Arithmetic Operations on Pointers in C

Arithmetic Operations on Pointers in C

In this article, I am going to discuss Arithmetic Operations on Pointers in C with Examples. Please read our previous articles, where we discussed Pointers in C Language with Examples. At the end of this article, you will understand what are the different arithmetic operations we can perform on the pointer in C language.

Arithmetic Operations on Pointers:

Program:

#include<stdio.h>
int main ()
{
    int a, b, *p1, *p2, sum;
    printf ("Enter two integers to add\n");
    scanf ("%d%d", &a, &b);
    p1 = &a;
    p2 = &b;
    sum = *p1 + *p2;
    printf ("Sum of the numbers = %d\n", sum);
    return 0;
}

Output:

Arithmetic Operations on Pointers In C

Arithmetic Operations on Pointers In C with Examples

Pointers Rule:
Rule 1:
  • Address + Number // Address (Next Address)
  • Address – Number // Address (Pre-Address)
  • Address++ // Address (Next Address)
  • Address– // Address (Pre-Address)
  • ++Address // Address (Next Address)
  • –Address // Address (Pre-Address)
Rule 2:
  • Address-Address //Number (No. of elements) //size difference / size of (datatype)

Example:
int*p1=(int*)100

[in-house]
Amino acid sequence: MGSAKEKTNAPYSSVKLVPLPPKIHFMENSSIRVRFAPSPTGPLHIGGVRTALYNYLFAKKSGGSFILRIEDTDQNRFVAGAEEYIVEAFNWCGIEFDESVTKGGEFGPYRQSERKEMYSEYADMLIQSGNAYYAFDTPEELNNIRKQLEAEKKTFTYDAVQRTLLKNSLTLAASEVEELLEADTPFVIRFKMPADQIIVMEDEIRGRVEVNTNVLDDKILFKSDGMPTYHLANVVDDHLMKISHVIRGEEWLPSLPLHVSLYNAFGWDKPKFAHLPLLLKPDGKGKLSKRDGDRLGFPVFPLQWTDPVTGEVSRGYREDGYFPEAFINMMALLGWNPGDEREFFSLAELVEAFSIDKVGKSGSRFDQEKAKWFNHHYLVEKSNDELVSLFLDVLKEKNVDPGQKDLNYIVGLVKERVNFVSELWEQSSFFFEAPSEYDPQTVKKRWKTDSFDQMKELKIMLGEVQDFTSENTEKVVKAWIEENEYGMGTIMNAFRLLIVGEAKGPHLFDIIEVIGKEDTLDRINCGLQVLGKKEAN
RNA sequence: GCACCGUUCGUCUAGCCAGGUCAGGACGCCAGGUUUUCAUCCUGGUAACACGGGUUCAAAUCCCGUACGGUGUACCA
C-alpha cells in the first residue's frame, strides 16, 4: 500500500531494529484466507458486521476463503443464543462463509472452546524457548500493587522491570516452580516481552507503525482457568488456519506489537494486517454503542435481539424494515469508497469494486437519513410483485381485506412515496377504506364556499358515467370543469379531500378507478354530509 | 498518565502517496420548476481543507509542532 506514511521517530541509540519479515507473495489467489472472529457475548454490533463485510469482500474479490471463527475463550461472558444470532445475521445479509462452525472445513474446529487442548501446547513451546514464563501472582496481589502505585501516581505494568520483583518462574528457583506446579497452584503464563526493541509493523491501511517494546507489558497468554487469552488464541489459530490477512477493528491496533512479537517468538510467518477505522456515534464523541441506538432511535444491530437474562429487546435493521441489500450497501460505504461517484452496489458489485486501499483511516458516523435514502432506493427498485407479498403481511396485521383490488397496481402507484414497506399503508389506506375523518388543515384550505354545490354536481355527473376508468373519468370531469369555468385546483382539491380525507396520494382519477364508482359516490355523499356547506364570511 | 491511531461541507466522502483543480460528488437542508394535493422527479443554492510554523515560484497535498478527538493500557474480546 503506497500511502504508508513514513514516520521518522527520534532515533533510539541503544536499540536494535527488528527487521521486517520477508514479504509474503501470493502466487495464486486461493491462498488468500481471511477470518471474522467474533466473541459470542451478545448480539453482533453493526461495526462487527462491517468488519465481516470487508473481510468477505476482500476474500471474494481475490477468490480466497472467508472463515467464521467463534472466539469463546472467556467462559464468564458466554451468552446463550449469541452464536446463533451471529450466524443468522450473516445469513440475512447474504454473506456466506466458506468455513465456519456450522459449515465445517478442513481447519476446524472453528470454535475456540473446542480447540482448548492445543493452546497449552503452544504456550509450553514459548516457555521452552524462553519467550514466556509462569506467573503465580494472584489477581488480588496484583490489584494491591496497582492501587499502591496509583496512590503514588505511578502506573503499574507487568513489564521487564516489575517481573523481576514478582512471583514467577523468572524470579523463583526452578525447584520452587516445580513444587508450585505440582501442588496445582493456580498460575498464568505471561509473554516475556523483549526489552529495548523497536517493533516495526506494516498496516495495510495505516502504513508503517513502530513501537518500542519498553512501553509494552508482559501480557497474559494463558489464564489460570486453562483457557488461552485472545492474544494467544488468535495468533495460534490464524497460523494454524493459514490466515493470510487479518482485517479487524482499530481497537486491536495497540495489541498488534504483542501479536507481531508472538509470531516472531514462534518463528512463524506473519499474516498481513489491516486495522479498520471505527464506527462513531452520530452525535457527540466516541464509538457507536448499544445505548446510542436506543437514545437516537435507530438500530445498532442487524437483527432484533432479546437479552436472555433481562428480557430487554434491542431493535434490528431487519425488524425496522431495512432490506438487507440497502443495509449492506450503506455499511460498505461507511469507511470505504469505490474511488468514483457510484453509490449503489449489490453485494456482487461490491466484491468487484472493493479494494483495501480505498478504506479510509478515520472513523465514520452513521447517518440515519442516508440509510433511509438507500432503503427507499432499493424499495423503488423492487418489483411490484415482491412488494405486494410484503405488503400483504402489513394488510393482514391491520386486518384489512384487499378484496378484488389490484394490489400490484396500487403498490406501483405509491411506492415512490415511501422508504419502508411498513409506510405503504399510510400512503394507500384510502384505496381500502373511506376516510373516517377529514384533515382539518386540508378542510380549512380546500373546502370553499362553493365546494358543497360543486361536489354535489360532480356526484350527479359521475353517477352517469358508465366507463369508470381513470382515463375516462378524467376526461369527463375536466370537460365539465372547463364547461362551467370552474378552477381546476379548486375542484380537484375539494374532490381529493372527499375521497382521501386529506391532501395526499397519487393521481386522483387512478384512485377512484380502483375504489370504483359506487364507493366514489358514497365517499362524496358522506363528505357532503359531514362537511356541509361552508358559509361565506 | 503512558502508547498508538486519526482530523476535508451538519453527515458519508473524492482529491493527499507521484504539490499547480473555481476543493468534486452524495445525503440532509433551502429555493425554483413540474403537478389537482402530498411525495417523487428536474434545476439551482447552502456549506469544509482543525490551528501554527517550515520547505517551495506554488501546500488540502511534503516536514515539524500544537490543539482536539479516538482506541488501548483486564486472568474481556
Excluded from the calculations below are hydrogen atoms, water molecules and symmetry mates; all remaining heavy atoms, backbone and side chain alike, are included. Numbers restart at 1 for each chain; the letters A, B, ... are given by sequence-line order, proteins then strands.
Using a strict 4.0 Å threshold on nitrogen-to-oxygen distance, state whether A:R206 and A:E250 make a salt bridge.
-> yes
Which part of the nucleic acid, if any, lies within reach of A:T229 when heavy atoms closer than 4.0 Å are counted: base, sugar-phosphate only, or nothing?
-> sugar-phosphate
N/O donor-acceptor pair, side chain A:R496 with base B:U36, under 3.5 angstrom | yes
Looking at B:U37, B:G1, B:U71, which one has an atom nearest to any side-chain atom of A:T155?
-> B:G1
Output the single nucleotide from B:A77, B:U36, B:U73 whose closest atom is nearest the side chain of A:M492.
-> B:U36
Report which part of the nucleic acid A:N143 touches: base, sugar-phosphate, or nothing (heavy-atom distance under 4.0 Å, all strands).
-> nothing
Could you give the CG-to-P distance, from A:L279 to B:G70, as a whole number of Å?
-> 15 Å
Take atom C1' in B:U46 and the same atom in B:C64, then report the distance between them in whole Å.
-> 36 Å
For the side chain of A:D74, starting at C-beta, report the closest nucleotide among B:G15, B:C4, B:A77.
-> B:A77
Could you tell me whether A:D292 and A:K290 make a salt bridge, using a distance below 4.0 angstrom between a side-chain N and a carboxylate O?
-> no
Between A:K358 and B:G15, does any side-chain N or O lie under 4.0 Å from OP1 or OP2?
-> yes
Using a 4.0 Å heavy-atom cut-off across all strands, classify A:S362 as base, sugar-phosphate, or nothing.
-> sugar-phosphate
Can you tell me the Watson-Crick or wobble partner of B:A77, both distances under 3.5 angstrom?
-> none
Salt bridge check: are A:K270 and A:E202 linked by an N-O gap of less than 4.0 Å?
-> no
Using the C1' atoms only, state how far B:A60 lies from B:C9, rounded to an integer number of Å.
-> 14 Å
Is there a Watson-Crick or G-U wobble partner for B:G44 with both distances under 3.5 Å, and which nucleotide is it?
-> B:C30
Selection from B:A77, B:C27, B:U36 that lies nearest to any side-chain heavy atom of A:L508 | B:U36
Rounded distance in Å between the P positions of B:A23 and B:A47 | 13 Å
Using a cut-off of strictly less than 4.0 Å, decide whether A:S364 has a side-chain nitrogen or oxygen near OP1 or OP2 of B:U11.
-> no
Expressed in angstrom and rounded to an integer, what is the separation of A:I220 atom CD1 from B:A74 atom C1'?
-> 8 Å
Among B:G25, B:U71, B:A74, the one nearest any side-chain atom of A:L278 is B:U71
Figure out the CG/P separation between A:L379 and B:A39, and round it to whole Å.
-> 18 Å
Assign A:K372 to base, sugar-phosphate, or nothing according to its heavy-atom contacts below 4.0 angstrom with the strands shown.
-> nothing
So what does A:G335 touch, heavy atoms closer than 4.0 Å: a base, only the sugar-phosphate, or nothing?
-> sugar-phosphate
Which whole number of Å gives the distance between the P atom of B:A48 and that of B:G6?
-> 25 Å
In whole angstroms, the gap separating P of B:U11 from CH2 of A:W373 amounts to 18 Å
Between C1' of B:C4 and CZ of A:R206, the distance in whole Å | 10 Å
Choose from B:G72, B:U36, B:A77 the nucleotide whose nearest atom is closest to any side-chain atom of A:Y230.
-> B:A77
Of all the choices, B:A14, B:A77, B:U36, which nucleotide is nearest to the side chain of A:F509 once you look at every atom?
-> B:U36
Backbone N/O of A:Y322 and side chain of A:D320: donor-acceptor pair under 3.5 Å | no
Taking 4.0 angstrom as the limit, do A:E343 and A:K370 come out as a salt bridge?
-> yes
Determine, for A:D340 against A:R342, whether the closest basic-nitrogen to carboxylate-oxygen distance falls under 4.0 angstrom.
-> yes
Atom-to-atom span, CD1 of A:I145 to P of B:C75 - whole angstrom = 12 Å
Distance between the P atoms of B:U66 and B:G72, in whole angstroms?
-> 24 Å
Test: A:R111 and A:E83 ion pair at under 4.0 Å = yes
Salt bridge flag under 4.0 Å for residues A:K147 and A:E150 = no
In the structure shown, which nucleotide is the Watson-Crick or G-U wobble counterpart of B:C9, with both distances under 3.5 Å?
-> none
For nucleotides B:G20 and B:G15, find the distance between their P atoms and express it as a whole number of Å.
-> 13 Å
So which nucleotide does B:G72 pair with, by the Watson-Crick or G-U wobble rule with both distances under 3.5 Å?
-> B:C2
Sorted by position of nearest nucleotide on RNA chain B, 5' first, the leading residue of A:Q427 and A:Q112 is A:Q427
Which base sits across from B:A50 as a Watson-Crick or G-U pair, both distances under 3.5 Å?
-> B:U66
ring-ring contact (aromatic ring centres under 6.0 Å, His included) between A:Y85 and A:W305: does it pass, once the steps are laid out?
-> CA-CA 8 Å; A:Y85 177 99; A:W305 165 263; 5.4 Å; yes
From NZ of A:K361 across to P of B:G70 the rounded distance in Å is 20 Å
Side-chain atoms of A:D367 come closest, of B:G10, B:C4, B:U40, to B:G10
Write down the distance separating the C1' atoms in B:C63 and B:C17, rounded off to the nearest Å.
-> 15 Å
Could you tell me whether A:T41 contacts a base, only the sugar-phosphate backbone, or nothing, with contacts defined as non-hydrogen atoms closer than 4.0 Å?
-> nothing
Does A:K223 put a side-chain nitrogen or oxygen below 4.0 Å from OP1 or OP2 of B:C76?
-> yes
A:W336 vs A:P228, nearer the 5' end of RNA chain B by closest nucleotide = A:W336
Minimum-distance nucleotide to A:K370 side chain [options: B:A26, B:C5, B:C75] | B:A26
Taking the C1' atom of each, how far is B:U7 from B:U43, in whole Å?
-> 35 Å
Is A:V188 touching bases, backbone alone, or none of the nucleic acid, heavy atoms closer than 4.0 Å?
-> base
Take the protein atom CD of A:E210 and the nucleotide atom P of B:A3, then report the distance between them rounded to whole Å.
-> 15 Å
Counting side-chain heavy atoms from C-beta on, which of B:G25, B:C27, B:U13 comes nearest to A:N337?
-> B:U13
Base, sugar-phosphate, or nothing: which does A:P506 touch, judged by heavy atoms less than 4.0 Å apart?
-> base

int*p2=(int*)200
p2-p1=50
200-100=100 / size of (int)

Rule 3:
  • Address + Address = illegal
  • Address * Address = illegal
  • Address / Address = illegal
  • Address % Address = illegal
Rule 4:

We can’t perform bitwise operation between 2 pointers like

  • Address & Address = illegal
  • Address | Address = illegal
  • Address ^ Address = illegal
  • ~Address = illegal
Rule 5:

We can use relational operator and conditional operator (<,>, <=,>=, ==, !=, ?:) between 2 pointers

  • Address > Address = T/F
  • Address >= Address = T/F
Rule 6:

We can find size of a pointer using size of operator.

Accessing value through pointer:

This can be done by using the indirection operator, so this operator is also known as value at the address operator.

Program:
#include<stdio.h>
void main()
{
 int a1;
 int*ptr;
 printf("Enter a value\n");
 scanf("%d", &a1);
 ptr=&a1;
 printf("\n%d", *ptr);
}

Output:

Accessing value through pointer

Pointer Conversions:

Suspicious pointer conversion: The warning message occurs when we are assigning the address of a variable in a different type of pointer. These conversions are not allowed in C++.

Non-portable pointer conversion: This warning message occurs when we are assigning value type data to a pointer.

Example:
void main()
{
 int a;
 int*ptr;
 ptr=a;
}

In the next article, I am going to discuss Pointer-to-Pointer in C language. Here, in this article, I try to explain Arithmetic Operations on Pointers in C. I hope you enjoy this Arithmetic Operations on Pointers in C article. I would like to have your feedback. Please post your feedback, question, or comments about this article.

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